This program offers a whirlwind tour of the subjects of central banking, war pretexts, banking panics, the military-industrial complex, media culture, and, ultimately, the mental neurosis and deadly addiction known as "power." A part of Zeitgeist: The Series.

Programming the Nation? [electronic resource]: The History of Subliminal Messaging in America

With eye-opening footage, expert interviews, and many humorous anecdotes, this provocative program explores the alleged use of subliminal messages in advertising, music, film, politics, and the military. Documentarian Jeff Warrick leads viewers through the subconscious mind while examining the history, scientific validity, and potential effects of such techniques on society. From hidden sexual imagery in Disney cartoons and satanic messages in rock music to the now-discredited experiment where "Drink Coca-Cola" was flashed between frames at a cinema, Warrick challenges his audience to question whether subliminal programming is an urban legend, or if these manipulative tactics could actually alter human behavior.

Last Call Indian [electronic resource]: Searching for Mohawk Identity

By the time Sonia Boileau's grandfather Mitchell left the Shingwauk Indian Residential School in 1947 he no longer knew how to speak his native tongue. The institution had done its job well - Mitchell married and raised children, who didn't realize until they had children of their own that Mitchell was in fact Mohawk. Sonia now faces a similar stripping away of the First Nation heritage her family only recently reclaimed. According to Canada's Indian Act, any children she has will not be "officially Indian" unless their father has the requisite percentage of indigenous blood. In this powerful documentary, filmmaker Sonia Boileau returns to Shingwauk to work out the implications of her grandfather's life and of his death, especially in relation to Canada's race policies and her own cu [...]

Children and Human Rights: Part 3 [electronic resource]

The rights of children around the world are a constant concern, as they are among the most vulnerable members of society. Advocates for the rights and protection of children must be prepared to fight on multiple fronts from health care, education, and government child welfare systems under immense pressure legally and economically. This episode celebrate those who struggle to protect children The Stand for Children Rally was held in Washington, D.C. and was attended by thousands of Americans and children's rights advocates. Denmark's Children's Council attempts to bring the voice of children directly to the seat of government. Also featured is the story of Yasmin, a street child from India who opens her world and shows the importance of education through a video diary.

In an Instant [electronic resource]: The Madness of Crowds

Individual human behavior is far different from human behavior in a crowd. This ABC News report takes a look at "crowd think" and the herd mentality of stampedes, where logic is forgotten. We have been socialized beyond the point of reason.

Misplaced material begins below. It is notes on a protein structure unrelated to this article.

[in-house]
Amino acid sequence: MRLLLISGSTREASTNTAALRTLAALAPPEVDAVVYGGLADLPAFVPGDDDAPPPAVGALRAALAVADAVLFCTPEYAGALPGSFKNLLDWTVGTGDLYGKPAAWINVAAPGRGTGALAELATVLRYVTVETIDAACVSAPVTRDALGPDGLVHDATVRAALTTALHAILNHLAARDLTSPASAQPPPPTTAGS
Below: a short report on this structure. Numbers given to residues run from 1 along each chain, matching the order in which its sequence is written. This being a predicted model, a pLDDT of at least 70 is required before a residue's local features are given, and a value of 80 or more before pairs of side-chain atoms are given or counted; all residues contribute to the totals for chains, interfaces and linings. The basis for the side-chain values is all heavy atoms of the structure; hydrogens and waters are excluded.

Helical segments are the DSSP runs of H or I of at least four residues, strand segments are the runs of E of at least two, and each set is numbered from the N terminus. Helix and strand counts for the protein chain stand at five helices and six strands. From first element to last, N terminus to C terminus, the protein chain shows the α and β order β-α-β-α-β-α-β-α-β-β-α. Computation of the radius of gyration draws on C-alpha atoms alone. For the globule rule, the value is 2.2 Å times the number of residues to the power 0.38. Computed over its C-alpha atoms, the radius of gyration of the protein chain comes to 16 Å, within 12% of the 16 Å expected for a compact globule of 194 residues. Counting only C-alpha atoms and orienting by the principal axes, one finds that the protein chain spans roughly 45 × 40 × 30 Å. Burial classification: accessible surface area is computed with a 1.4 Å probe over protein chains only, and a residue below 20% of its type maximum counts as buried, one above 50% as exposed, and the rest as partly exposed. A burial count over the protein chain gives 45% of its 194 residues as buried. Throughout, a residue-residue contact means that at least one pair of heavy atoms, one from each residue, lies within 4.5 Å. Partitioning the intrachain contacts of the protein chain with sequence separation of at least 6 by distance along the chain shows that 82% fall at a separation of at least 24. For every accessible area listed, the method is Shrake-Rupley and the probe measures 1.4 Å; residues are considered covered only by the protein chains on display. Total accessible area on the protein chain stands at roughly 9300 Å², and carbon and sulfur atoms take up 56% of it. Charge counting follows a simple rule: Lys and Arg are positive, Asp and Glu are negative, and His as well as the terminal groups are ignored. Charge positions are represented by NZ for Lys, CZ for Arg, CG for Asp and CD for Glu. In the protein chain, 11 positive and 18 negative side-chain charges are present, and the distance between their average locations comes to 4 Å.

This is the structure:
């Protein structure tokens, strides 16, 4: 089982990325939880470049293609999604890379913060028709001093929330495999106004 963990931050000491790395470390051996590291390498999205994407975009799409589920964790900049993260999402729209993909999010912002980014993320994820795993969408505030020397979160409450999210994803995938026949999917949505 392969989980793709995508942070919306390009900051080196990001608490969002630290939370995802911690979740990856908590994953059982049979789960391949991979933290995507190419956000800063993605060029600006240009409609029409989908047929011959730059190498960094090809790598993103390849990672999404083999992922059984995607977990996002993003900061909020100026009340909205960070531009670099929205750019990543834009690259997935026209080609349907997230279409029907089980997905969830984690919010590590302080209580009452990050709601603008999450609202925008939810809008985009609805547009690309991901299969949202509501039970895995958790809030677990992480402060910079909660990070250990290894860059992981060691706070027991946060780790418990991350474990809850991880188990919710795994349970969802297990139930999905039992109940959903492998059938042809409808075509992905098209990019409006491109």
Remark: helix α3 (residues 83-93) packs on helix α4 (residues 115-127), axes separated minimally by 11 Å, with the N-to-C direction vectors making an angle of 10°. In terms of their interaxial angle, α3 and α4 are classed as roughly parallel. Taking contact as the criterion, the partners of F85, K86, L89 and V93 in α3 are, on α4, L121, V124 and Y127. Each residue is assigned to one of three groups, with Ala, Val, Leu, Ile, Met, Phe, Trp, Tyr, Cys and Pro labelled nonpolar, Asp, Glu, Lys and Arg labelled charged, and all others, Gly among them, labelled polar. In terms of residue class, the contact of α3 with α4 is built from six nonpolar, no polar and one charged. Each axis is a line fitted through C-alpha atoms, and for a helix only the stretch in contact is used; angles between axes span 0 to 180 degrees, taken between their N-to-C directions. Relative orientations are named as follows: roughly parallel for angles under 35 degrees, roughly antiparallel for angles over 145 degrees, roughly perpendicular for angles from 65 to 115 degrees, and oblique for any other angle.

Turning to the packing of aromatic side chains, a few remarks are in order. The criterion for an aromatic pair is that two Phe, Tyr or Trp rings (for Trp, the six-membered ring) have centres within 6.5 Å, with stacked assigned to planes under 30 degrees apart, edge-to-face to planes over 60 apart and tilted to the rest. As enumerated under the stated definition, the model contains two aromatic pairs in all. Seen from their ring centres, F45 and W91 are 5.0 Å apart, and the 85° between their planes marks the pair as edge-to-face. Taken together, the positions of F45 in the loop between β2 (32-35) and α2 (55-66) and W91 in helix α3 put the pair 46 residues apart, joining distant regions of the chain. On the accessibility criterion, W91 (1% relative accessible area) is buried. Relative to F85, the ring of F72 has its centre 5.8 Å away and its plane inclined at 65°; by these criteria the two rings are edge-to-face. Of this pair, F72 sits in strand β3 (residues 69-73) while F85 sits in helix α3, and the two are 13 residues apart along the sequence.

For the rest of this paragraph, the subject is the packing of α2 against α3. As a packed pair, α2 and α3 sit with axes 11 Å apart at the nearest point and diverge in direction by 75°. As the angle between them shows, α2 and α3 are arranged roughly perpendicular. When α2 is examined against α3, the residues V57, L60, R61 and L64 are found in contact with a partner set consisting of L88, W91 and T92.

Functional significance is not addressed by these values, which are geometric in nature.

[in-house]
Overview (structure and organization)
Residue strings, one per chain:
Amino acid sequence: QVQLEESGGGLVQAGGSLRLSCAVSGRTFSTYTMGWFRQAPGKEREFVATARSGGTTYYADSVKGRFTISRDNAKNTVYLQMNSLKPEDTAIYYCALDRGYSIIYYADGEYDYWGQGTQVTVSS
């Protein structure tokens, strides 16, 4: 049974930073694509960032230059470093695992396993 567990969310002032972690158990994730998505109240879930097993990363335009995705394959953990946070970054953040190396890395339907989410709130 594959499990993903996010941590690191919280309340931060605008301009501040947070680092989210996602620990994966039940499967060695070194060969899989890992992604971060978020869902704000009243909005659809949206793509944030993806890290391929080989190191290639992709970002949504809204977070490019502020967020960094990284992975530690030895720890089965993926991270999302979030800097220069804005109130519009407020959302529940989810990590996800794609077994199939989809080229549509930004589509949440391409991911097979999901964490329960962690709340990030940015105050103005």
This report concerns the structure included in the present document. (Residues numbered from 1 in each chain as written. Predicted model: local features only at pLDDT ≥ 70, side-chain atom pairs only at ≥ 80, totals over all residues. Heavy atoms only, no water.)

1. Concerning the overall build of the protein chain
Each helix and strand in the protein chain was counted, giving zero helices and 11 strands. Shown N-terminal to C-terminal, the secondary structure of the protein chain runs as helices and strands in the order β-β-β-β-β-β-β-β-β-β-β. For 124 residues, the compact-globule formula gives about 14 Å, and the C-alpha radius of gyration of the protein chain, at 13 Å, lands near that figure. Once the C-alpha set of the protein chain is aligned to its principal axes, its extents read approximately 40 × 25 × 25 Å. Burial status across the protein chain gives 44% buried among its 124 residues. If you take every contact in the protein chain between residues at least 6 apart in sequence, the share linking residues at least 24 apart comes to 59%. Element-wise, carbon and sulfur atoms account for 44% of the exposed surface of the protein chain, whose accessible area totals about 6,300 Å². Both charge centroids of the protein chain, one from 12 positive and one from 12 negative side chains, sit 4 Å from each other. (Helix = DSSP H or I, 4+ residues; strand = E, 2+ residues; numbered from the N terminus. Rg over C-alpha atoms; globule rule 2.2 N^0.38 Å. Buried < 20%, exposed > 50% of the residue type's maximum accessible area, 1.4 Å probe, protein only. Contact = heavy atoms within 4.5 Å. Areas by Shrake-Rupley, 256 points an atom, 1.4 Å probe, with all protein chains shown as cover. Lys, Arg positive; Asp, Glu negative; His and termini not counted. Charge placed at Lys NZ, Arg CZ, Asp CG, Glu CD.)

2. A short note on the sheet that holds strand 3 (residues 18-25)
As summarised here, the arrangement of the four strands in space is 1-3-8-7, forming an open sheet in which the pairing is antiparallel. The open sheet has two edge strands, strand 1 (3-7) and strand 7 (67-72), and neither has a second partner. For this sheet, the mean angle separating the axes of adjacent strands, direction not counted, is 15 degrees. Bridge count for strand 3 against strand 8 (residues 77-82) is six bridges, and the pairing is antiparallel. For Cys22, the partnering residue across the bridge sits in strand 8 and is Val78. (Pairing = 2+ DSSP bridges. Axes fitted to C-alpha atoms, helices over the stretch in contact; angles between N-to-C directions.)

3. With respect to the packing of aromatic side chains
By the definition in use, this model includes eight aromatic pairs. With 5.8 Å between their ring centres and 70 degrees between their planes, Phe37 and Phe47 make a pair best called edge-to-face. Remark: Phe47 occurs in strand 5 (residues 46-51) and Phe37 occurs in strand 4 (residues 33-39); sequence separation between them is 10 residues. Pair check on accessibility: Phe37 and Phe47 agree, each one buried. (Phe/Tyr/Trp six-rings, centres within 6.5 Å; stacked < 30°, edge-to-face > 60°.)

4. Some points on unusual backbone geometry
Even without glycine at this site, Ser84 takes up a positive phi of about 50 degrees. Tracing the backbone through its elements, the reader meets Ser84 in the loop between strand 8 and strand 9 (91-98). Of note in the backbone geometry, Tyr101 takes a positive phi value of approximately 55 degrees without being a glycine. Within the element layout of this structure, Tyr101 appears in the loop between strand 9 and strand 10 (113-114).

TEDTalks [electronic resource]: David Pizarro - the Strange Politics of Disgust

What does a disgusting image have to do with how you vote? Equipped with surveys and experiments, psychologist David Pizarro demonstrates in this TEDTalk a correlation between sensitivity to disgusting cues - a photo of feces, an unpleasant odor - and moral and political conservatism.

Dark Charisma of Hitler: Part 2 [electronic resource]

Adolf Hitler's leadership relied on an inner voice and absolute certainties rather than advice and political debate. His grandiosity and hatred led to war aims and atrocities that went far beyond any concrete German interest, and beyond what most Germans initially wanted. Yet this strange man was once loved by millions. With the help of testimony from those who lived through these times, film archive - including color home movies - and specially shot documentary footage, this film reveals how Hitler managed to lead the German people to war in 1939 and orchestrate the dramatic German victory over the French in 1940. This is the second episode in a three-part series written and produced by Laurence Rees, who won a BAFTA for his previous series Nazis: A Warning from History and a Griers [...]

Dark Charisma of Hitler: Part 3 [electronic resource]

Adolf Hitler seemed an unlikely leader - fueled by anger, incapable of forming normal human relationships and unwilling to debate political issues. Yet this strange character was once loved by millions. How was this possible, and what role did Hitler's alleged 'charisma' play in his success? Testimony from those who lived through these times, film archive (including home movies) and documentary footage reveals how Hitler tried to retain the power of his charismatic leadership once the Germans started to lose the war. This is the final episode in the three-part series written and produced by Laurence Rees who won a BAFTA for his previous series 'Nazis: A Warning from History' and a Grierson award for his 'Auschwitz: the Nazis and the 'Final Solution'.

Worse Than War [electronic resource]: Genocide, Eliminationism, and the Ongoing Assault on Humanity

Genocide is many things - horrific, tragic, and immoral, among others. But one thing it is not, says political scientist Daniel Goldhagen, is inevitable. In this program, the author of Hitler's Willing Executioners explores the social and psychological factors that have repeatedly pushed stable societies into the insanity of mass killing. In Rwanda, Goldhagen speaks with participants in murder squads that rampaged in 1994 as well as witnesses of those atrocities. In Guatemala, he confronts former President Efraín Ríos Montt, considered by many to be responsible for genocide against indigenous peoples in the 1980s. Interviewees also include former U.S. Secretary of State Madeleine Albright; Bosnian leader Haris Silajdzic, who called for intervention against ethnic cleansing in 1992; a [...]